She attended Rivers State University of Science and Technology, where she received her LL.B. (Hons.) in 1996. Following her graduation, Eberechi enrolled in the Nigerian Law School, where she earned her degree (B.L.) in 1997. She also holds a Masters degree in law (LL.M.), from the University of Sussex, United Kingdom, UK.

Eberechi, joined Efe Chambers, as Legal Counsel in charge of litigation. She was later selected to serve as Magistrate Grade I. While in the service, she rose to Chief Magistrate Grade II, and from there she became a High Court Judge, in February 2012.

5. Justice Fati Lami Abubakar (Rtd)


Fati, CON, was a former Chief Judge of Niger State, and founder, Women’s Rights Advancement and Protection Alternative, WRAPA. She is married to former Head of State, Gen. Abdulsalam Abubakar, and retired recently from the service of Niger State government, at the age of 65.

A legal luminary and trail blazer, she was the first female Solicitor General, and Permanent Secretary in Niger State, and the first female Attorney-General, and Commissioner for Justice.

The University of Ife (now Obafemi Awolowo University)-trained graduate, was the first female Chief Judge of Niger State. She also has the honour of being the first female High Court Judge.

She has worked as Chief Inspector of Area Courts, with the defunct North Western State government, and as private Attorney. and State Counsel with the Federal Ministry of Justice, Lagos. She worked also, at the Kaduna Sate Ministry of Justice, Kano State Ministry of Justice, and Niger State Ministry of Justice. Fati became Chief Judge in June 2013.

6.  Justice Maryann Anenih

Maryann, is the youngest of the three wives of Chief Anthony Anenih, former Chairman of the Peoples Democratic Party, PDP, Board of Trustees (BOT), who is better known in political circles, as Mr. Fix-It. She is a Judge at the Federal High Court in Abuja, and daughter of a local government Chairman in Edo State.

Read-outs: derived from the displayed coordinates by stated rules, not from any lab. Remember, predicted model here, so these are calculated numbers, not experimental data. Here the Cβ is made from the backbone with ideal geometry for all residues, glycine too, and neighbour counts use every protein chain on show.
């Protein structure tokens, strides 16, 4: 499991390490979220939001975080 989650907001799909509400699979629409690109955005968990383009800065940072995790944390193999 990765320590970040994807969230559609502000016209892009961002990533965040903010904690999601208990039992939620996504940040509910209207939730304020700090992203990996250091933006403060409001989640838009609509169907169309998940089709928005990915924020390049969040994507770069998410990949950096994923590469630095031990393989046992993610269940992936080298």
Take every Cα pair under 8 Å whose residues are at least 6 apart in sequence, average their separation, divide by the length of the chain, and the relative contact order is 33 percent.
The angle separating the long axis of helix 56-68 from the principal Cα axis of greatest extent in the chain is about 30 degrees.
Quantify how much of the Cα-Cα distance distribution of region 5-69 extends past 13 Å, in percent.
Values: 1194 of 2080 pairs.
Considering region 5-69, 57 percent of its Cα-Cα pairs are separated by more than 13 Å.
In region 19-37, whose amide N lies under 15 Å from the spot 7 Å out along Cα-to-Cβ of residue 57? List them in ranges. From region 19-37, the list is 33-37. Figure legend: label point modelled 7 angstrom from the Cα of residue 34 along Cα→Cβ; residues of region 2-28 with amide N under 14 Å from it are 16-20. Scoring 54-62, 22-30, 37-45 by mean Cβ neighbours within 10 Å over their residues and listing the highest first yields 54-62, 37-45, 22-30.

7. Justice Kudirat Kekere-Ekun


Kudirat, is a Justice of the Supreme Court of Nigeria. The University of Lagos and London School of Economics and Political Science-trained graduate, is married to Akin Kekere-Ekun, a distinguished retired Banker, and a one time Managing Director/Chief Executive Officer of now defunct Habib Nigeria Bank Limited.

Kekere-Ekun, also worked for former National Council on Privatisation, NCP, Nigeria’s privatisation regulatory authority. Kudirat is said to be the youngest female Jurist at the Supreme Court. She was born on May 7, 1958.

She rose from the post of Senior Magistrate Grade II, with Lagos State Judiciary, to her present position as a Justice of the Supreme Court of Nigeria. As a High Court Judge, Kudirat served as Chairman, Robbery and Firearms Tribunal, Zone II, Ikeja from 1996 to 1999, where she was said to have delivered so many landmark judgements.

She was appointed to the bench of the Nigerian Court of Appeal, in 2004, where she served as a member of the Court of Appeal ICT Committee, between 2011 and 2013. Some people have dubbed her another ‘Margret Thatcher’, but her colleagues see her as a firm believer of substantial justice, and someone who would not substitute the substance of the law for technicalities.